The book is structured in four parts, each one addressing a particular question. Regarding ethics—what is right? In terms of politics—what persuades? For economics—what works? Finally, for policy—what is next? These questions are investigated in chapters on Ethiopia, Kenya, and Uganda, where Betts introduces data from the Refugee Economies Programme, which he led with a team in Oxford and a vast ground crew of field researchers. Additional chapters on policy have been included to look beyond the African context. These chapters explore the challenges facing refugees in Venezuela and displaced Syrians in the Middle East, and examine the effect of the COVID-19 pandemic on refugees.

The core of the book is built around the findings from Ethiopia, Kenya, and Uganda. These chapters offer rich insights about development initiatives, including the role of the private sector (Ethiopia), the creation of new settlements (Kenya), and a market-based model that promotes self-sufficiency (Uganda). The chapter on Kenya stands out particularly. Betts describes how the government and international donors created a new settlement in Turkana County, a sophisticated regional development plan, and a new currency to replace a cash-transfer model, which provides Betts with a basis for comparison against older refugee camps. Using a range of measures for self-sufficiency, he documents how this innovative development has succeeded where so many other interventions have failed. In Uganda, Betts evaluates policies that permit refugees to choose where to live and enjoy the right to work. These policies did not just occur but emerged from Uganda’s colonial legacy, which brought with it land allocation programs that distributed freehold estates to the Kabaka (king of Buganda), regents, and principal chiefs, as recorded in the 1900 Buganda Agreement. Ever since the Nakivale Refugee Settlement, Africa’s oldest refugee camp, opened in 1958, Uganda has provided refugees with plots of land in rural settlements, allowing them to engage in subsistence farming.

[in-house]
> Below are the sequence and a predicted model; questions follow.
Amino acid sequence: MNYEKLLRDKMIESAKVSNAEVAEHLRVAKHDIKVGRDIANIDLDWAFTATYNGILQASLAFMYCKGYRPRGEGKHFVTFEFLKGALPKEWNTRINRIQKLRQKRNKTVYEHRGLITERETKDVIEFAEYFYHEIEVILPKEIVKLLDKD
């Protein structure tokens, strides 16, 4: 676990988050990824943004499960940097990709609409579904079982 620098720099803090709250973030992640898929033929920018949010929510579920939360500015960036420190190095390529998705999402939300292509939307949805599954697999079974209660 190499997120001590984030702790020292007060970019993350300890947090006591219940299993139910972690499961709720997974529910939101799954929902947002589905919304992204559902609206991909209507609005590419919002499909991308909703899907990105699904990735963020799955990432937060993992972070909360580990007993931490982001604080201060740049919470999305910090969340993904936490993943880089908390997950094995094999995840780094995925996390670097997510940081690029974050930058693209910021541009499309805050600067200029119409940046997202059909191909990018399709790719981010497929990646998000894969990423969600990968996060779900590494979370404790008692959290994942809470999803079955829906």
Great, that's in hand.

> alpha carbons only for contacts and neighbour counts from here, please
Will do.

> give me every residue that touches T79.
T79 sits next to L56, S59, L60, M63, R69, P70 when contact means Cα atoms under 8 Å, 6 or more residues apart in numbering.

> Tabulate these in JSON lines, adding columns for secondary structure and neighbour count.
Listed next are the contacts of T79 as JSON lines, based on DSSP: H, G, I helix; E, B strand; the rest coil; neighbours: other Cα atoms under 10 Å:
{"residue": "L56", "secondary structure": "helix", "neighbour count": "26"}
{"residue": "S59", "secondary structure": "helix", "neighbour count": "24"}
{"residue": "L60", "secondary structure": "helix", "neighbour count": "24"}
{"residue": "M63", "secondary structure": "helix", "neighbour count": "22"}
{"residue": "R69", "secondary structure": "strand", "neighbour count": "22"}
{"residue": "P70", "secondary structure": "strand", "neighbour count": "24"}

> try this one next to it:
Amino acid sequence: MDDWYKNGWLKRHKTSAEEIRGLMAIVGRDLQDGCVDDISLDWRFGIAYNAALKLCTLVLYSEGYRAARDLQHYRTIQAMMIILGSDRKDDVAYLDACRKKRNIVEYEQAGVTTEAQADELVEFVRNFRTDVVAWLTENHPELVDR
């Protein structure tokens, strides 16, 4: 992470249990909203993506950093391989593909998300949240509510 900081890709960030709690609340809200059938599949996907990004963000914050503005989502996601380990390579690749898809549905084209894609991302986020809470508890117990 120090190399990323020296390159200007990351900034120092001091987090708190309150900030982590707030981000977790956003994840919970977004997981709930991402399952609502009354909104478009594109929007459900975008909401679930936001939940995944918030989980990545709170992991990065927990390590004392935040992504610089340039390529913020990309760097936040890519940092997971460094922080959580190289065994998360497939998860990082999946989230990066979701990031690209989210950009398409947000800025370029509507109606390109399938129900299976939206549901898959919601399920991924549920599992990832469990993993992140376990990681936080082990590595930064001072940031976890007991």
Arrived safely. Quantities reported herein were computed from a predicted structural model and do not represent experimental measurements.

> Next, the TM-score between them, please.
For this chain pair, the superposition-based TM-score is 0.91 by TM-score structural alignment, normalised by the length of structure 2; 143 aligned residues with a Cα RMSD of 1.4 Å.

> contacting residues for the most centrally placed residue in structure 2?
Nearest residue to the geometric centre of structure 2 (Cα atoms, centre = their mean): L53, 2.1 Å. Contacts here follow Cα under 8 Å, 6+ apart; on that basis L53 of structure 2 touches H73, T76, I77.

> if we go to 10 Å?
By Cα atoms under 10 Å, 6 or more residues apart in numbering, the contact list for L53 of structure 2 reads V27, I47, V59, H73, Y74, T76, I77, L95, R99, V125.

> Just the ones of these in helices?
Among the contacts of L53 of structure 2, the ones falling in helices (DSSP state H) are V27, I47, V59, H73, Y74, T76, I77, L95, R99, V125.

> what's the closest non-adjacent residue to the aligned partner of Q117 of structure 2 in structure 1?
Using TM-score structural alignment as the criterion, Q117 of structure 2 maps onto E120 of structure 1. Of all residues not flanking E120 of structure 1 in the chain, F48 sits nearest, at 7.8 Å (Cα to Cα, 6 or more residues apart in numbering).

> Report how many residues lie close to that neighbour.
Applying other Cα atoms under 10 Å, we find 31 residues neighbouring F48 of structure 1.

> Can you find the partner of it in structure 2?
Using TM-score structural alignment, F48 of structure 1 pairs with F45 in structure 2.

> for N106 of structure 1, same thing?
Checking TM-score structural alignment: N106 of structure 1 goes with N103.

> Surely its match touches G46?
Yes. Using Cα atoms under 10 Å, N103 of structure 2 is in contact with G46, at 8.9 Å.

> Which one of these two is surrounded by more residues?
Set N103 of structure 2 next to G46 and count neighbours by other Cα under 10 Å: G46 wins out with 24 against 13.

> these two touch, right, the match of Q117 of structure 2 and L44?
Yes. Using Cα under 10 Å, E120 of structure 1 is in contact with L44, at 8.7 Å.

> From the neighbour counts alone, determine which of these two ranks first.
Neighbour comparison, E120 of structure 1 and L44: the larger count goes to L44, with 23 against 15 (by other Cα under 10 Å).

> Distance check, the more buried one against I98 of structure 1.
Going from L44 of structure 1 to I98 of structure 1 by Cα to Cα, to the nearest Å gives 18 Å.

In the concluding chapters, Betts provides an assessment of the various tools and approaches he and his team used, as well as the limitations of development, urbanization, special economic zones, and donor assistance. He balances the success identified in the case studies with repeated cautions against romanticizing the improved plight of refugees in these settings. His research findings offer a window into some potential solutions that have brought certain opportunities, including small-scale entrepreneurship, and greater freedoms to some refugees in the poorest parts of East African host states. He takes pains to note that it is difficult to transpose these findings to other contexts, such as to Venezuela or the Middle East, though there are related questions to explore and similar structural barriers, such as the political will of national governments.